A comparison of speech-recognition techniques and models

There has been an increase in speech-recognition software used in many devices. This software was initially introduced to the public mostly through smartphones. As technology is constantly improving, speech recognition software is found on different devices and household appliances, such as televisions and even refrigerators. As people are using speech-to-text software more frequently, this form of computer interaction is becoming the norm. Hence, inaccuracies such as words misunderstood for others, may cause certain difficulties in the future.

The project evaluated and compared the most relevant models, to establish which would be best adopted in different circumstances. This study sought to give a clearer picture of how these devices and appliances work, since speech recognition software seems to be becoming an attractive form of computer interaction.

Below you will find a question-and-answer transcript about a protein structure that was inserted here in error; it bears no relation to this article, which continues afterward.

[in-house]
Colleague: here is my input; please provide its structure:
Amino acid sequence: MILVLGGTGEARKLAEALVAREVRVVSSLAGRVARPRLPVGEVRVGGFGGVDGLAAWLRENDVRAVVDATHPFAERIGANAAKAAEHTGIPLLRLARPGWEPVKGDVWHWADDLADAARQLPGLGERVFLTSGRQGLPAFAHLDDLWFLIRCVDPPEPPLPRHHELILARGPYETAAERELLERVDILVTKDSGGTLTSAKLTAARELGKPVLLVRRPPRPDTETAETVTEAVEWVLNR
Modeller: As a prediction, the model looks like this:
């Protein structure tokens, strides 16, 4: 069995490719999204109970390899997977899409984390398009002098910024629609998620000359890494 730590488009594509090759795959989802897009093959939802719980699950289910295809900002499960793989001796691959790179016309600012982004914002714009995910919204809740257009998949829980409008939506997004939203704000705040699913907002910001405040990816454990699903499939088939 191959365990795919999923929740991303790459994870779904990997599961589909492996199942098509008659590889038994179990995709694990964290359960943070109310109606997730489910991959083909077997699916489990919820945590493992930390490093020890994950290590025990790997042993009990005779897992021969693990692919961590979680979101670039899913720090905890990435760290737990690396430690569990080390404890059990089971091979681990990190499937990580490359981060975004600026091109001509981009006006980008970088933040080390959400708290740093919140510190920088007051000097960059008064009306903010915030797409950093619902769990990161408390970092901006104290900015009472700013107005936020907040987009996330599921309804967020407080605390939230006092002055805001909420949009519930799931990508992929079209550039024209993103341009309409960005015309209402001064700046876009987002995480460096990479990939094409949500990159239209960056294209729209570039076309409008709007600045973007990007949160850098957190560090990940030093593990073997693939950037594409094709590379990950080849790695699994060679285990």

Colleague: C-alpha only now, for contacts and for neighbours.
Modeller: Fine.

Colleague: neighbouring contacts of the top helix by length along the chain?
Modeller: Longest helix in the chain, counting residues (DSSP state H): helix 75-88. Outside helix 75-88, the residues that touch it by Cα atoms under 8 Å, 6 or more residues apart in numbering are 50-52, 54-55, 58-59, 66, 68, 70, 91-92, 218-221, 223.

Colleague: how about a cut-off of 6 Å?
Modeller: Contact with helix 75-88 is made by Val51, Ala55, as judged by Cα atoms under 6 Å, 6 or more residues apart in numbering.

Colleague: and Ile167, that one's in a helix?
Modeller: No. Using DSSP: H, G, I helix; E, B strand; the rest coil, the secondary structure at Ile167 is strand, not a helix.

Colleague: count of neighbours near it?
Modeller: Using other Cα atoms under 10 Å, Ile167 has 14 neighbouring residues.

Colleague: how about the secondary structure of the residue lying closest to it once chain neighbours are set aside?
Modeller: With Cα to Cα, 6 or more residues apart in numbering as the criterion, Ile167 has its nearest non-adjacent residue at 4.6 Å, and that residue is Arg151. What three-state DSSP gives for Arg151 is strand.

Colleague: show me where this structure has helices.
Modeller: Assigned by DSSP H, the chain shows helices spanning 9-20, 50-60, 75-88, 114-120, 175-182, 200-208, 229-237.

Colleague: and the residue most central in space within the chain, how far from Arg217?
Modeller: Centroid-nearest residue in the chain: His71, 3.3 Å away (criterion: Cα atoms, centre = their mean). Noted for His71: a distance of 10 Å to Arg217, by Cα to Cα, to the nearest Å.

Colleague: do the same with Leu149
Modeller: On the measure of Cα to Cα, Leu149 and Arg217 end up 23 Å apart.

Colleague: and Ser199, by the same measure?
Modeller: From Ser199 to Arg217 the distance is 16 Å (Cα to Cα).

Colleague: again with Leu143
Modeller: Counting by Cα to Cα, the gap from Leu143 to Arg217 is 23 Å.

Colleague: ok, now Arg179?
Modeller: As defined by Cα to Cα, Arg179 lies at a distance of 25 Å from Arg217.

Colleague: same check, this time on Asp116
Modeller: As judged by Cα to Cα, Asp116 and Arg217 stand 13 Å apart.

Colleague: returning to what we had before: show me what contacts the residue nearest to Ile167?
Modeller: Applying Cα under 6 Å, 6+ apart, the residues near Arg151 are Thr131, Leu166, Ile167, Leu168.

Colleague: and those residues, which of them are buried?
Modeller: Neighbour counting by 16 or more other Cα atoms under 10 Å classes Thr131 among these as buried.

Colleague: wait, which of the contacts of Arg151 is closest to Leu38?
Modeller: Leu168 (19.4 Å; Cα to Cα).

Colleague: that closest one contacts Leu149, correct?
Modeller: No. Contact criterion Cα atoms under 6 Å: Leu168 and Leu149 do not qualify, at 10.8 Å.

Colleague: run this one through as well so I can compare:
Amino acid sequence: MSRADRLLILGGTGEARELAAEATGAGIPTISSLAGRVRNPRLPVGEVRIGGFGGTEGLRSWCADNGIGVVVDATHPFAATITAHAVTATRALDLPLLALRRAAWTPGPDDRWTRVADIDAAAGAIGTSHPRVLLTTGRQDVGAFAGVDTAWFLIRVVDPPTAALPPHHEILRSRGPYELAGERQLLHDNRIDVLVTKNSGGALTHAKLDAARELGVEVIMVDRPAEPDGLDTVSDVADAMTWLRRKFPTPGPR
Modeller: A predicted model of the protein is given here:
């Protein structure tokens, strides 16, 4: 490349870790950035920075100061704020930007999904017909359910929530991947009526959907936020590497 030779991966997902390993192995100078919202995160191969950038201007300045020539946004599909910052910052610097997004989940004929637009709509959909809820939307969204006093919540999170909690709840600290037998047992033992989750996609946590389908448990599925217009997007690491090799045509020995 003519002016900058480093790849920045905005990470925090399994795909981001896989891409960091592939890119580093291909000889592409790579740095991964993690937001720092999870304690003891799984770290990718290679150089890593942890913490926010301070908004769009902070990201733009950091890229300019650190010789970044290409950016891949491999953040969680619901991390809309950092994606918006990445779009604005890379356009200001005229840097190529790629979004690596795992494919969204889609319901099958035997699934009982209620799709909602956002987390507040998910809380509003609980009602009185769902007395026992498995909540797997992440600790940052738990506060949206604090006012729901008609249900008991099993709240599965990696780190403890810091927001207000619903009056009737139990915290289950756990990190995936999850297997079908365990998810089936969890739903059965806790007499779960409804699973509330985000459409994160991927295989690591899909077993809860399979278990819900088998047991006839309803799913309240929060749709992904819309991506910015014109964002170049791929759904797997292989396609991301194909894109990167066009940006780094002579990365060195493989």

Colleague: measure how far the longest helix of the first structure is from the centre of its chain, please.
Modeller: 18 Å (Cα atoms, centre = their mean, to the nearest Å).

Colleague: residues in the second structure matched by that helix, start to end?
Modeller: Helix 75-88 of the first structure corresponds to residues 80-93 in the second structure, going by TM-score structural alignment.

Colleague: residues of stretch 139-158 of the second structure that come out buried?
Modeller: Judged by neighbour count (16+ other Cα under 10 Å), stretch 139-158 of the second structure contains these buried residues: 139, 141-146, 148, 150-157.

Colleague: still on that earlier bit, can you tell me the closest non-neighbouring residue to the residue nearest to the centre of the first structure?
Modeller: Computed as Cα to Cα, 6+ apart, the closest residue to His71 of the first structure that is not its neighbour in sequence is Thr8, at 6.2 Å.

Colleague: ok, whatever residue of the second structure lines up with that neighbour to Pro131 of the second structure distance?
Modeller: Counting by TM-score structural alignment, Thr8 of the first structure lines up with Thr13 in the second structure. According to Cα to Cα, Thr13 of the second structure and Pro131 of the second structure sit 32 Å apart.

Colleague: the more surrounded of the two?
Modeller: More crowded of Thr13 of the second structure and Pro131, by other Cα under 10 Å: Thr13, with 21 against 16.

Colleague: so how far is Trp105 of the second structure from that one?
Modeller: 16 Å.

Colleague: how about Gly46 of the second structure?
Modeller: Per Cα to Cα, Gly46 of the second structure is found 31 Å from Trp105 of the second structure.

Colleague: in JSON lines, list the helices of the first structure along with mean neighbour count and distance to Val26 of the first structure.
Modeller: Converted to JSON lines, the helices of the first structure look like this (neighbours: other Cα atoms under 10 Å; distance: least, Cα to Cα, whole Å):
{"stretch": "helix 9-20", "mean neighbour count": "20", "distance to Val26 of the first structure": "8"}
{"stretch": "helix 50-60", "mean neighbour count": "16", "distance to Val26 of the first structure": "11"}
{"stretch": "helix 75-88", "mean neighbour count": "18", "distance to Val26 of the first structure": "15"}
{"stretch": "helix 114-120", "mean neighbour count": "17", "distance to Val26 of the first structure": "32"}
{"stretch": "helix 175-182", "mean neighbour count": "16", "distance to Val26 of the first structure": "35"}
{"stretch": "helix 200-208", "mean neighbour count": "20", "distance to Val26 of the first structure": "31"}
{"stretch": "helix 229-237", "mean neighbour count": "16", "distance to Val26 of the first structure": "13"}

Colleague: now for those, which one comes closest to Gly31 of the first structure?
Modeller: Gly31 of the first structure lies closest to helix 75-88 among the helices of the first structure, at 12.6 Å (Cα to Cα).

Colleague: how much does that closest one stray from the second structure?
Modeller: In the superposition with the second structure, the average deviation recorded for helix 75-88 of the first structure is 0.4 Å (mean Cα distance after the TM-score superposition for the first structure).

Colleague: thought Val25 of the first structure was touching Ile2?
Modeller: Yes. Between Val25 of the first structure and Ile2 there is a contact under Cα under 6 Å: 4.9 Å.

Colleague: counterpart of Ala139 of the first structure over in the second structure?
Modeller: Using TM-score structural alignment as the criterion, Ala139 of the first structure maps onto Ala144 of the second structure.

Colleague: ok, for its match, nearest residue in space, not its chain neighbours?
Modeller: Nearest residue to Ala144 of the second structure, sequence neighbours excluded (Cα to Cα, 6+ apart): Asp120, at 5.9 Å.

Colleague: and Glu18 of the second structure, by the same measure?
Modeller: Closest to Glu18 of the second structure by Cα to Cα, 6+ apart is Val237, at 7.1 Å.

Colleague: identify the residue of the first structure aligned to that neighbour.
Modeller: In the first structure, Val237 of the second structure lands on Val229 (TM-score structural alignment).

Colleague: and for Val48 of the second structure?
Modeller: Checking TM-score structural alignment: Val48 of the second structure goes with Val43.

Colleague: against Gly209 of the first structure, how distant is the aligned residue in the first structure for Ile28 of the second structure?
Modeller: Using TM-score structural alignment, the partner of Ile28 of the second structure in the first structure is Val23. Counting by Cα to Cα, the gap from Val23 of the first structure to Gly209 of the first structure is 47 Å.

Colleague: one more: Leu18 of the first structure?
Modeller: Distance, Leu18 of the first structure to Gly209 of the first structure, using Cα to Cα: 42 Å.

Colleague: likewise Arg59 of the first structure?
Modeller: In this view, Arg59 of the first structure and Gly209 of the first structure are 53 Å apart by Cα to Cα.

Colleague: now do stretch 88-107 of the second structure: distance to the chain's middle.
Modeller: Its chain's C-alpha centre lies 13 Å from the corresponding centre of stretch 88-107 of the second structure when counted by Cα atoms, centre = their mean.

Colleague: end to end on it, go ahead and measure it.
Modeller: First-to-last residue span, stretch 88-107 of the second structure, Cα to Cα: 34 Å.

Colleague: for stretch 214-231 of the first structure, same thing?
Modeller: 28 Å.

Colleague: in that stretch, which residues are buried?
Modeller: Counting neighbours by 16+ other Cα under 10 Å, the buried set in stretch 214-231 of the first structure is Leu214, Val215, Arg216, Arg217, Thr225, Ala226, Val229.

The project set out to delineate different topics, such as sound and preprocessed sound recordings. It then focused on feature extraction techniques, for the purposes of retrieving key characteristics of sound waves that could be used at the speech recognition stage. This could be achieved by applying mel-frequency cepstral coefficients (MFCC), which could be presented graphically by using a spectrogram (see Figure 2).

Lastly, the data from the feature extraction process was fed into the different models. Three models, namely: the hidden Markov model, a convolutional neural network and the dynamic time warping algorithm, were selected and compared using the same datasets. The results were then evaluated using accuracy and running time.

Figure 1. The speech-to-text process [1]
Figure 2. Sound recording visualised in different formats [2]


[1] Bhushan, C., 2016. Speech Recognition Using Artificial Neural Network – A Review. [online] Iieng.org. Available at: [Accessed 30 December 2020].

[2] Smales, M., 2019. Sound recording visualised in different formats. [image] Available at: [Accessed 7 May 2021].

Student: Andrew Pizzuto
Course: B.Sc. IT (Hons.) Software Development
Supervisor: Dr Colin Layfield
Co-supervisor: Prof. John M. Abela